Above: Police suggest placing the phone outside of reach if it is too hard to resist staying off the phone while driving. Courtesy photo
OCEANSIDE — In April, police cited 256 drivers for violating California’s hands-free cell phone law to educate the public on the dangers of distracted driving.
Oceanside Police Department kept track of how many drivers were cited for national Distracted Driving Awareness Month, which was in April.
Under California’s most recent cell phone law, drivers are prohibited from having a phone in their hand for any reason. If drivers want to make a call while driving, they have to do so in a hands-free manner.
Phones must be mounted on the dashboard, windshield or center console, and can only be touched once to activate or deactivate a function.
The fine for first-time offenders is $162.
Sgt. Rick Davis of Oceanside Police Department’s Traffic Services Unit hears a lot of different excuses when he pulls drivers over for using their cell phones, like checking maps or taking an “emergency” phone call.
“We always get some excuse of some sort,” he said. “It doesn’t matter what it is … just to have it in your hand and looking at it is a violation of the code.”
Some people will also try to justify using their cell phones at stoplights because they are just sitting there.
“Those are the people still sitting there when the light turns green,” Davis said.
According to a 2018 observational survey by the California Office of Traffic Safety, about 4.5% of drivers are still using their cell phone, and more often to perform a function on the phone rather than talking.
Davis said the most ridiculous example he had of distracted driving was when he pulled a young woman over for using a cell phone to take a Snapchat video of herself while driving.
According to Davis, he was driving down the highway next to her and could see her holding the phone directly in front of her face — as she was driving over the speed limit.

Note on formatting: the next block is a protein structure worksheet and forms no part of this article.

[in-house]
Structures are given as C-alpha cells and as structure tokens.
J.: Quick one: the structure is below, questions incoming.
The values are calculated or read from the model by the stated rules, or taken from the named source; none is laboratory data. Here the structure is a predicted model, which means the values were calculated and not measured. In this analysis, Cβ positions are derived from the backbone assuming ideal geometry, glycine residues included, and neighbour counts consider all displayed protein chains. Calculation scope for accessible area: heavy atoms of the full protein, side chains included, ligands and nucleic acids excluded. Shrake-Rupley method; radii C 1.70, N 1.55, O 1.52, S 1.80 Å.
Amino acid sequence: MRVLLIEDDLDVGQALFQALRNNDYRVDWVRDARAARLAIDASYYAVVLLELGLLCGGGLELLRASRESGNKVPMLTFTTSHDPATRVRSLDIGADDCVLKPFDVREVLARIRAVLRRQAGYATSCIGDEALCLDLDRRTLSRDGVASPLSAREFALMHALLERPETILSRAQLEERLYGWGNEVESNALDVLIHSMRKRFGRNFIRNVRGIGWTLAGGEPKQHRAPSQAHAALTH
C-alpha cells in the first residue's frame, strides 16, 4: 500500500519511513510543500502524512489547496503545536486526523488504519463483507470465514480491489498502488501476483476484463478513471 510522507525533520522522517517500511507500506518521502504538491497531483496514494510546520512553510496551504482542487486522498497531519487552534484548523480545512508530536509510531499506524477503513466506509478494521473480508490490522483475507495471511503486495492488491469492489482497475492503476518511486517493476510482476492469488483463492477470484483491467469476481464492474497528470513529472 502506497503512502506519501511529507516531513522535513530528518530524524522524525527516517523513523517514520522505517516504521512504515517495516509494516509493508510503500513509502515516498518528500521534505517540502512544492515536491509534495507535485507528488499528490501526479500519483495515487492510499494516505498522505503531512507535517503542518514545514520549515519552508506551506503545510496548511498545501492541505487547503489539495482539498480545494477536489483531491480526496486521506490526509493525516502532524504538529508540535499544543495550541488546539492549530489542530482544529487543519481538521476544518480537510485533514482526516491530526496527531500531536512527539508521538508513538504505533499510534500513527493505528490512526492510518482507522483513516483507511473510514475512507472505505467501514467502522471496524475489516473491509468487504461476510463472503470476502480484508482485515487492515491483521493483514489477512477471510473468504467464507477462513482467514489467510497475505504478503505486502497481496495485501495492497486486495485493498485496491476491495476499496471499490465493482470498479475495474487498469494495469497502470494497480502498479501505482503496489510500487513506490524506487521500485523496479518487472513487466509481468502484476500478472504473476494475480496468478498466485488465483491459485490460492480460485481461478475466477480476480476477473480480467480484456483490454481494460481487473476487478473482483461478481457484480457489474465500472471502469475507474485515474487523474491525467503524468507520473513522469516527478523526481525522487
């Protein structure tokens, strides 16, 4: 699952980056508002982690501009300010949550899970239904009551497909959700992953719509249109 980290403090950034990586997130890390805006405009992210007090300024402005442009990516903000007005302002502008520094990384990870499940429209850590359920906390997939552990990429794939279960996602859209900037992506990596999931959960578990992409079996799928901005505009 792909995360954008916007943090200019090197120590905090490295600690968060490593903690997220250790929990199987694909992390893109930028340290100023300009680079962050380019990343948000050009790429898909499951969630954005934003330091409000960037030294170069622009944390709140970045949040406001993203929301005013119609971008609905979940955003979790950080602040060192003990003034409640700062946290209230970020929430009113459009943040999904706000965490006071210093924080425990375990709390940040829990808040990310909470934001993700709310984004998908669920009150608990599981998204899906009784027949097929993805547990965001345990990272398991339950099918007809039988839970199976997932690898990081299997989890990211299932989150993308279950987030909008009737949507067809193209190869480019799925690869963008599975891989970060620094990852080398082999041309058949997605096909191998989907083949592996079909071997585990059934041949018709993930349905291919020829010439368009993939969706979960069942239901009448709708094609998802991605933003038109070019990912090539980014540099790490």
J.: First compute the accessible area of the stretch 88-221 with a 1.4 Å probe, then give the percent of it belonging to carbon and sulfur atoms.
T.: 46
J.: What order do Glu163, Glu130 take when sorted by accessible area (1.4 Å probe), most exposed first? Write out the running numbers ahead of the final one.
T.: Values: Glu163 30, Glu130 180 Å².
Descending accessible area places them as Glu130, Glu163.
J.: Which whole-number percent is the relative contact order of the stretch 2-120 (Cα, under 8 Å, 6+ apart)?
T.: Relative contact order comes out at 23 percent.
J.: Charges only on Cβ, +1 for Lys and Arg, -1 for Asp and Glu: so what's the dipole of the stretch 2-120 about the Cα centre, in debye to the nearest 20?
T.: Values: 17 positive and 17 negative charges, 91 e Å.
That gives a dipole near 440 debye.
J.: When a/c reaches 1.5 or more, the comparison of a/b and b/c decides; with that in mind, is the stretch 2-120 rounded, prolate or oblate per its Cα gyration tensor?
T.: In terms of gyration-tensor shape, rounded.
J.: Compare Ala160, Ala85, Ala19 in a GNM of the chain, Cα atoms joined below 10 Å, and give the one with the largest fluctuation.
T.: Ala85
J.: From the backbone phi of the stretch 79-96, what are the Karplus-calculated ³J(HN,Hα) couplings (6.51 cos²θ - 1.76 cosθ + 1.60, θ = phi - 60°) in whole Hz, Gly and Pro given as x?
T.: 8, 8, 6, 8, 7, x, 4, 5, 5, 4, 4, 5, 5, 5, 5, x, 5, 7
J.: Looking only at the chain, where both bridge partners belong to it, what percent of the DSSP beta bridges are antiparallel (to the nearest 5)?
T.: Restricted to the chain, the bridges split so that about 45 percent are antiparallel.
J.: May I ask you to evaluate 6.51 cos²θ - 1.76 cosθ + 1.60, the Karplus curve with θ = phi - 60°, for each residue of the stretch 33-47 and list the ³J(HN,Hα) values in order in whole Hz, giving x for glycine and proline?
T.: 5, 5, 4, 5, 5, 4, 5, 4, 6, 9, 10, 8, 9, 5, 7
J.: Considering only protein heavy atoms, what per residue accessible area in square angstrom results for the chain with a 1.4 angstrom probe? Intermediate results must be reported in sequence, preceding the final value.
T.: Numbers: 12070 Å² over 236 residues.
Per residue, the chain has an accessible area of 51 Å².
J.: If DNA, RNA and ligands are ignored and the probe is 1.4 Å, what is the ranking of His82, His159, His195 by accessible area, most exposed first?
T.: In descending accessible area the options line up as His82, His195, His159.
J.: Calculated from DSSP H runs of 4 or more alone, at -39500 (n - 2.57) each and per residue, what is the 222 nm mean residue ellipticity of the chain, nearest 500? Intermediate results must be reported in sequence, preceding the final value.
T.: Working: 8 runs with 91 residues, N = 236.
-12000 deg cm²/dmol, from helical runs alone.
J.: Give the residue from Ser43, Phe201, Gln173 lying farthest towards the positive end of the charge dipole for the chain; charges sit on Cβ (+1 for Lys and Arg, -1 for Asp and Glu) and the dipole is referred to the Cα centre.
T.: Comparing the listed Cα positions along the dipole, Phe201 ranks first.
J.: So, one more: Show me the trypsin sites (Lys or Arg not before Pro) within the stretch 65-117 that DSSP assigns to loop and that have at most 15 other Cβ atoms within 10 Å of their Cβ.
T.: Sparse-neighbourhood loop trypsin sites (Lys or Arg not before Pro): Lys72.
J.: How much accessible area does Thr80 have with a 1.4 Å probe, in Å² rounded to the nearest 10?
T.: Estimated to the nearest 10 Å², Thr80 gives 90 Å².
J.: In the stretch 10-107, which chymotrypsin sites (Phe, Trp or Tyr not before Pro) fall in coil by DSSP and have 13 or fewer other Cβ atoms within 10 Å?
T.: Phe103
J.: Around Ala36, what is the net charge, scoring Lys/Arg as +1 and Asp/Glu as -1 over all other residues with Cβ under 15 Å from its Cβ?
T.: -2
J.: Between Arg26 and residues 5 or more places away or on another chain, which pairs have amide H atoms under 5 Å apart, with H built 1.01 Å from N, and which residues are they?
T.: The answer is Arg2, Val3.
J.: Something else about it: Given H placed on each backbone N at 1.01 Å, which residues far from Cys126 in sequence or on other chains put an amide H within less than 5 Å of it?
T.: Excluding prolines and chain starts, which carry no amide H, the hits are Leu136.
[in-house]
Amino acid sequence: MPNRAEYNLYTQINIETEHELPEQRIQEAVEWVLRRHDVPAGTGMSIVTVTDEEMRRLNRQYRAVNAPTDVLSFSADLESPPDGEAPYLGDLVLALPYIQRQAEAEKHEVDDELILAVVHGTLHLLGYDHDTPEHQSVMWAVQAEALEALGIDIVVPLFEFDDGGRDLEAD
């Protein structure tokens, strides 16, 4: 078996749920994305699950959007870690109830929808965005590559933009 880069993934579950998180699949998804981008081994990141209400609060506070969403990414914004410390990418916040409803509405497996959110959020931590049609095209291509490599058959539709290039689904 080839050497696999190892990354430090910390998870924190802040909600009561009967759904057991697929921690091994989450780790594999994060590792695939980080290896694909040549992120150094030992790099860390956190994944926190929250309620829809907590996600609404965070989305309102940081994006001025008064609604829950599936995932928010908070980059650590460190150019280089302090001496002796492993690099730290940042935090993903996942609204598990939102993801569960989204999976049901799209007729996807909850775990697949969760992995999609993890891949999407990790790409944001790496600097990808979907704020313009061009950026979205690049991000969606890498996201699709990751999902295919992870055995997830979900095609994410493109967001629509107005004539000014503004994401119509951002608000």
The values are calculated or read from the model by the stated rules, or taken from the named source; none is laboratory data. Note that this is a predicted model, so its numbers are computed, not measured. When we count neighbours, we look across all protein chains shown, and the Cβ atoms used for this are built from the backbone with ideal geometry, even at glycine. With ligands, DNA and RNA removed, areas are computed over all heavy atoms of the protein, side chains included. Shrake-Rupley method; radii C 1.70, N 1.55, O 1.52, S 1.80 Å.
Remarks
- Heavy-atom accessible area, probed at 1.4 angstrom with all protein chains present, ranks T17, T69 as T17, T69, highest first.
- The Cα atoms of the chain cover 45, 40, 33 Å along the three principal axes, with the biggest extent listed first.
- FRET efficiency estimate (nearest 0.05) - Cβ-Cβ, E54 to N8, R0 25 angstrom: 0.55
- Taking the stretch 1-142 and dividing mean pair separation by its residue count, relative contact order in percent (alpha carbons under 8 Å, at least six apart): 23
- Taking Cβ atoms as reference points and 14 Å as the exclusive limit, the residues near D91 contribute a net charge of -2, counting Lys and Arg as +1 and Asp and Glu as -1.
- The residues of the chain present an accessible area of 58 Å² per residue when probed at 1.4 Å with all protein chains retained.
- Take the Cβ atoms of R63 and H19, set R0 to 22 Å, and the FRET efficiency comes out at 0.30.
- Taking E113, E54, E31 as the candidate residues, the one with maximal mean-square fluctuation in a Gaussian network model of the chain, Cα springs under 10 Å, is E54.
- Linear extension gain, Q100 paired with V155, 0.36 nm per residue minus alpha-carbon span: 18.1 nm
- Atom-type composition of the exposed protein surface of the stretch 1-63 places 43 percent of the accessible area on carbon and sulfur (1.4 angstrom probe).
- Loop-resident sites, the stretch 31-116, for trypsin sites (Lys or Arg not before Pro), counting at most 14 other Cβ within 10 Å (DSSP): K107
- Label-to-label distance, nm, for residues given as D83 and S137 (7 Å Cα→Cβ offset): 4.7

The young woman apparently didn’t understand what the problem was.
“It was like she had no clue,” Davis said. “Taking a Snapchat video of yourself while driving is very dangerous.”
Cell phones are not the only objects taking drivers’ eyes off the road. Other distractions include grooming, reaching for fallen objects, fiddling with the radio and changing clothes, according to Oceanside police.
The National Safety Council claims, “cell phones, dashboard touchscreens, voice commands and other in-vehicle technologies pose a threat to our safety.”
At least nine Americans die and 100 are injured in distracted driving crashes every day, according to the Council.
In 2017, the same year the hands-free cell phone law went into effect in California, 66 people were killed and more than 6,500 were injured from distracted driving related crashes, according to Davis.
“It’s just not worth losing your life or causing a major accident that will change someone else’s life,” Davis said. “A text or call is not worth it.”
Oceanside Police Department wants drivers to pull over and park in a safe location if they really need to make an important call or send a text.
If it is hard to resist staying off the phone while driving, police suggest putting the phone in a place outside of reach, like the backseat or trunk of the car.
Samantha Taylor covers Oceanside, Camp Pendleton and the decommissioning San Onofre Nuclear Generating Station. She earned her journalism degree from the E.W. Scripps School of Journalism at Ohio University, and has previously reported for The Athens Messenger in Athens, Ohio, and USA Today in McLean, Virginia. Follow her on Twitter: @samm1son